After graduating college early, I devoted a year to writing. I decked out my office, bought a new desk, and attended my first conference. I wrote a middle grade novel that…wasn’t really about anything. While I had all the time in the world, I lacked experience, the kind that would make my stories mean something.
I met Shawn (my husband-to-be), moved to another city, got a full-time job, and started becoming a grown-up.
I still wrote—until we had a baby.
Although I occasionally found a burst of motivation and a pocket of time in which to put it to use, my focus lay elsewhere.
Now almost seven, Ellie has grown more independent, and I’ve reclaimed enough brain space to yearn for a creative outlet. So when the time for New Year’s resolutions came around this past January, I decided to recommit to my writing. Seeking time that would be free from distractions, I set my alarm for 5:15, prepared to chip away at my work-in-progress an hour at a time.
Then a funny thing happened: I loved that time so much, I found other opportunities to write. Working in a crowded dance studio waiting room or hearing My Little Pony in the background might not be ideal, but I wrote within the realities of my life today.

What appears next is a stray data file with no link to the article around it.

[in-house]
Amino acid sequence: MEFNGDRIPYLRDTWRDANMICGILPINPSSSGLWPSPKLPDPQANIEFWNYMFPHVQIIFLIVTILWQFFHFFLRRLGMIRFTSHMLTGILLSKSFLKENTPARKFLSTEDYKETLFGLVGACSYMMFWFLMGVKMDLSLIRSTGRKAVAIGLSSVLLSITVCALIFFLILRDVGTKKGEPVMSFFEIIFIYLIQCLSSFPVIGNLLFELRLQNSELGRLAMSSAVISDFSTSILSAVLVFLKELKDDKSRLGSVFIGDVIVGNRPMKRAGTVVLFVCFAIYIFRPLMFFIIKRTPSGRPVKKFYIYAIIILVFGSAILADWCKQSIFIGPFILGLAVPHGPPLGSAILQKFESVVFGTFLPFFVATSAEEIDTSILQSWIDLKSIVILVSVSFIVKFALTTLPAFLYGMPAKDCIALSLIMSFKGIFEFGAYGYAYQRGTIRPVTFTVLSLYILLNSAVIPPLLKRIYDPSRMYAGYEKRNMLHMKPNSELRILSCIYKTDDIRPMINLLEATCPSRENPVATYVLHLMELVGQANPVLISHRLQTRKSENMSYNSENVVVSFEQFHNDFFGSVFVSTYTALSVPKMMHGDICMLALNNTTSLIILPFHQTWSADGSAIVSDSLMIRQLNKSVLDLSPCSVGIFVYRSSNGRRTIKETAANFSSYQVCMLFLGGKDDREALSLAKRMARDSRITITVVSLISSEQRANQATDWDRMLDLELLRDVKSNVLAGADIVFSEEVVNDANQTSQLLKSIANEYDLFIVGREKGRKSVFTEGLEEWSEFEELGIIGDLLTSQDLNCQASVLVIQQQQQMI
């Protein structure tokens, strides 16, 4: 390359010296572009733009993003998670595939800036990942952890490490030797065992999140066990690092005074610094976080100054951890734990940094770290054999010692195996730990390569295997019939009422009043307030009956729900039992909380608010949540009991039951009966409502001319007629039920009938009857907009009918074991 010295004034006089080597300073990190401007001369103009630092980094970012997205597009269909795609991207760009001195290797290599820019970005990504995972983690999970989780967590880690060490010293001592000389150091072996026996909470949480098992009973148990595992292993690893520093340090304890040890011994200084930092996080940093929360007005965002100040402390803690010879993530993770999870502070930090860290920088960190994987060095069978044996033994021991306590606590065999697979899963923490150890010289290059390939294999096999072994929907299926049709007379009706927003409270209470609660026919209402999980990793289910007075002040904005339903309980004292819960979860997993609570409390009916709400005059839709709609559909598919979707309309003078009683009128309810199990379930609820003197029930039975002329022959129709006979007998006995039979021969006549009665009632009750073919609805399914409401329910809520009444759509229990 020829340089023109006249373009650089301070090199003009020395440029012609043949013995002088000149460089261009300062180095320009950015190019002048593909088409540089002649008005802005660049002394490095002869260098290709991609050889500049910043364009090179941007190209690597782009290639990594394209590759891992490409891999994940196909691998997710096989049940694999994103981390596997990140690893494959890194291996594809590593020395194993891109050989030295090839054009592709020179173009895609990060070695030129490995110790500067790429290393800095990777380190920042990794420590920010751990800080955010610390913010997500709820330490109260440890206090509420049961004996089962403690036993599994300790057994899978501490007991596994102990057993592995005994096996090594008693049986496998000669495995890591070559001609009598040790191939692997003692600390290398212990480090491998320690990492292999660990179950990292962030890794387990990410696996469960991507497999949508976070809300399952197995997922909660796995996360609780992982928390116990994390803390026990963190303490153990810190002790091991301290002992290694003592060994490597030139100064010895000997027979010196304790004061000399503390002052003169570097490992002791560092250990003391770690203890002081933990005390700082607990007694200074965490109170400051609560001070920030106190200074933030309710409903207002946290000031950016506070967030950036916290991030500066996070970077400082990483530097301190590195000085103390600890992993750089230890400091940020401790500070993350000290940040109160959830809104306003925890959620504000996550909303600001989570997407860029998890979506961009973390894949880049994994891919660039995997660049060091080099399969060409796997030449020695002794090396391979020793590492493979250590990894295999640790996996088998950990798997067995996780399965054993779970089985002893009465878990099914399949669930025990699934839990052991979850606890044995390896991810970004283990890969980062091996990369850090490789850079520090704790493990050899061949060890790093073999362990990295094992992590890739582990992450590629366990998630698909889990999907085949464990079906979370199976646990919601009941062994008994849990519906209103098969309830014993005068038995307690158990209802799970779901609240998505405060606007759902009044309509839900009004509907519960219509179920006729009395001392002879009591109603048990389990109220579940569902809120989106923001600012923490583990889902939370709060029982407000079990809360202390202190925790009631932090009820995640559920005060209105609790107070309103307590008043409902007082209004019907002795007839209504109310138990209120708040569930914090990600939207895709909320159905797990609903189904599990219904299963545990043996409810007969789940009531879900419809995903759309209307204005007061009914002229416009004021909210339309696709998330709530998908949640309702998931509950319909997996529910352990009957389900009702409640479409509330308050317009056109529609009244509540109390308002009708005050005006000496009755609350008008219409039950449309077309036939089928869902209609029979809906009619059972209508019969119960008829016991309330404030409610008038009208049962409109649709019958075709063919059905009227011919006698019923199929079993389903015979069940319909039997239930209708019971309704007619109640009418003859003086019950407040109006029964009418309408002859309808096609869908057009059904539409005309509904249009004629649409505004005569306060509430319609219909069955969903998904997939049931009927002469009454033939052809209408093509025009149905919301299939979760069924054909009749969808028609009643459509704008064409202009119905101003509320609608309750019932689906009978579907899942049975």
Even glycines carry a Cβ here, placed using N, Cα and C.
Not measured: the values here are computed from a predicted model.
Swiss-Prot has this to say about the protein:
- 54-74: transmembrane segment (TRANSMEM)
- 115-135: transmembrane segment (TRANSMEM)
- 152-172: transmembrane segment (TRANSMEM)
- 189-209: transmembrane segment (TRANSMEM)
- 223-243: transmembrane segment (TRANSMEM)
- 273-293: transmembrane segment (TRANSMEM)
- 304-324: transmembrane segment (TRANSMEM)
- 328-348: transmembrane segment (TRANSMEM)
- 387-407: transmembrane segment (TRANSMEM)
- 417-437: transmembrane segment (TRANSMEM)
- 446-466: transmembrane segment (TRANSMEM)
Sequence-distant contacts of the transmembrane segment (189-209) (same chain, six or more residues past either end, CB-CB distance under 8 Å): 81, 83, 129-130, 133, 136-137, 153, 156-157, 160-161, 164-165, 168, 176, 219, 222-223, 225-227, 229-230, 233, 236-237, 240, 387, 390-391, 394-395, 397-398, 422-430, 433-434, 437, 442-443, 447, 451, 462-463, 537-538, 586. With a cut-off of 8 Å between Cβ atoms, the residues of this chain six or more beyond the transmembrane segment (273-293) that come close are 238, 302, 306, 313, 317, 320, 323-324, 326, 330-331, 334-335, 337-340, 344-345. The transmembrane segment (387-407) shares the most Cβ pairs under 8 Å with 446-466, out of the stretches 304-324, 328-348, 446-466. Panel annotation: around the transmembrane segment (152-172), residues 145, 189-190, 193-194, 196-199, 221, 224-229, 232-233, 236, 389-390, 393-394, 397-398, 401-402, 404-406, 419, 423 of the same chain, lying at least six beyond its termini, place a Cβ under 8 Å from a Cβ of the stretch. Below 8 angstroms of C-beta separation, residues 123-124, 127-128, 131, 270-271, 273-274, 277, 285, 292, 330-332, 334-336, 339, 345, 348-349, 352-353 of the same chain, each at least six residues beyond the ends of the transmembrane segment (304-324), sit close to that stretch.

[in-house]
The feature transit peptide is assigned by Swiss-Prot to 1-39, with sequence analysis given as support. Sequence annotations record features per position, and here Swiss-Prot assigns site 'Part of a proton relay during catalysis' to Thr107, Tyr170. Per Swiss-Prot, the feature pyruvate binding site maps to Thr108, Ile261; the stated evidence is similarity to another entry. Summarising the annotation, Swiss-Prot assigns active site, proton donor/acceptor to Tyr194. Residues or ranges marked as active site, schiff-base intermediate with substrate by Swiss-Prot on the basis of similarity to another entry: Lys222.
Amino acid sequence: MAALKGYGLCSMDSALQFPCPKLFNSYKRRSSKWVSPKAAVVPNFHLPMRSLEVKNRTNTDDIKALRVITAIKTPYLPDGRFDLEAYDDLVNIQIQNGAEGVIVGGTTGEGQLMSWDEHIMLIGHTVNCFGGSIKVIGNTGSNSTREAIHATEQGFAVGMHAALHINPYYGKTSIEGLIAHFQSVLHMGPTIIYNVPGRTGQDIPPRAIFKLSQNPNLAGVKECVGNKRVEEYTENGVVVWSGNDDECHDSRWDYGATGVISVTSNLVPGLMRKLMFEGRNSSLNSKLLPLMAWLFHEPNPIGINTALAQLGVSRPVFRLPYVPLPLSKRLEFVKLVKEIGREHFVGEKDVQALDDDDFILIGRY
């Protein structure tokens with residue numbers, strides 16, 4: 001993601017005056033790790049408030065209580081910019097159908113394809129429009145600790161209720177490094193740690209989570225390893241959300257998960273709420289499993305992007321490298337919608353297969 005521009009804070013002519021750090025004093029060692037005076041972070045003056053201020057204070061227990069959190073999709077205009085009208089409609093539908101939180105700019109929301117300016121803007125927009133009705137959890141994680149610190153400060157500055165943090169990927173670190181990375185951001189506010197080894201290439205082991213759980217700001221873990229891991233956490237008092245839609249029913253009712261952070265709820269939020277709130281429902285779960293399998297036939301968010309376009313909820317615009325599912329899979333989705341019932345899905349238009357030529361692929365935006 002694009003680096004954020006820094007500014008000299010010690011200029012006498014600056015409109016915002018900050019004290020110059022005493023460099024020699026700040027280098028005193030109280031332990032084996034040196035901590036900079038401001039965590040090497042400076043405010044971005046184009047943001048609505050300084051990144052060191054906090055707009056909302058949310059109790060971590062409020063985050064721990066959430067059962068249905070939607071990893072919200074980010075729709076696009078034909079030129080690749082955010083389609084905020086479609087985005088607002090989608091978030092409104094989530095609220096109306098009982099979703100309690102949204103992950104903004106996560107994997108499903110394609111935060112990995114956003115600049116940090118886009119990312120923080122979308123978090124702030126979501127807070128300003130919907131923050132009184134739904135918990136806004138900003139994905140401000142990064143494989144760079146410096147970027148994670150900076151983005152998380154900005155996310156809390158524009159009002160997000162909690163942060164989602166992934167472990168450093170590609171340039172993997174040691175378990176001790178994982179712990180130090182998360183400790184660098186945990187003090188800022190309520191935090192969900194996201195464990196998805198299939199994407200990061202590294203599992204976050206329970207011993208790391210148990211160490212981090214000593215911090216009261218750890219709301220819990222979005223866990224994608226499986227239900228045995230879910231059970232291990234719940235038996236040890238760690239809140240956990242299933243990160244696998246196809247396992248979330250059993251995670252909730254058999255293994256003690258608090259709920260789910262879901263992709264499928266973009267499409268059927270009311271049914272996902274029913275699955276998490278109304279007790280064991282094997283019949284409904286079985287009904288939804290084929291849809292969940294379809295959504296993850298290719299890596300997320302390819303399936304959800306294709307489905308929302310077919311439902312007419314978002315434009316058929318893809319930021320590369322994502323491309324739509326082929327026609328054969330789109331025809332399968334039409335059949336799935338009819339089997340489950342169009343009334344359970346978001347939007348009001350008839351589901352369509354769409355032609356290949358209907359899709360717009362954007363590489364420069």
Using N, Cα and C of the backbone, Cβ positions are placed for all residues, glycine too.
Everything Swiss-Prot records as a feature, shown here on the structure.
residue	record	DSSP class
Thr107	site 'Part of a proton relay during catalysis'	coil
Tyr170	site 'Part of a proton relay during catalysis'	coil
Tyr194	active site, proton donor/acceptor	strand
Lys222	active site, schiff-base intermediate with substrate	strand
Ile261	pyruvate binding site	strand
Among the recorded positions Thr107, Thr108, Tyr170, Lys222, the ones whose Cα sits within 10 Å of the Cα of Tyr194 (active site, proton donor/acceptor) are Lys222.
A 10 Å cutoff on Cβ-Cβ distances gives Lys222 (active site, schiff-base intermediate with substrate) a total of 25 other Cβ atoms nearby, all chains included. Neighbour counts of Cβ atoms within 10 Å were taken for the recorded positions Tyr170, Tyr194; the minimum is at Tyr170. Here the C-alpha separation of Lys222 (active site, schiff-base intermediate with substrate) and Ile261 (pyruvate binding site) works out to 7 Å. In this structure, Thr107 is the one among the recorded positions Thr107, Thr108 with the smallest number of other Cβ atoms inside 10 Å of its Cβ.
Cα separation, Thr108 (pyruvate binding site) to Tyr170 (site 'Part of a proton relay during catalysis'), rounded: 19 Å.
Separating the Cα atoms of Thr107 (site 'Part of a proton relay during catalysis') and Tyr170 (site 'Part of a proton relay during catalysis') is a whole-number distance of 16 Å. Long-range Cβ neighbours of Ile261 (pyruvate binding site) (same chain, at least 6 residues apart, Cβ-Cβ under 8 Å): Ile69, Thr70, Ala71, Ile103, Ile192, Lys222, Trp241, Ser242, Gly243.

I was surprised by how quickly I finished the first draft of Dell’s story. Partly, it’s because the idea stemmed from something I do every day. Undoubtedly, I would not have written a story about a girl with cancer if I hadn’t taken a job at an oncology-focused advertising agency.
Similarly, when Shawn, Ellie, and I starting performing random acts of kindness throughout the year, it was because I wanted to offset the pile of gifts I knew Ellie would get at Christmas with regular reminders to be grateful for what she has and to do things for those who might not have as much. I didn’t anticipate these experiences making their way into a book, but my next YA novel centers on exactly that.
I named my blog Writing in the Midst of Life because I recognize that I have to carve out moments for writing now. But it’s not just about finding time to write; it’s about what drives my stories—what I think about, the questions I need to answer. Life gives my writing its heart.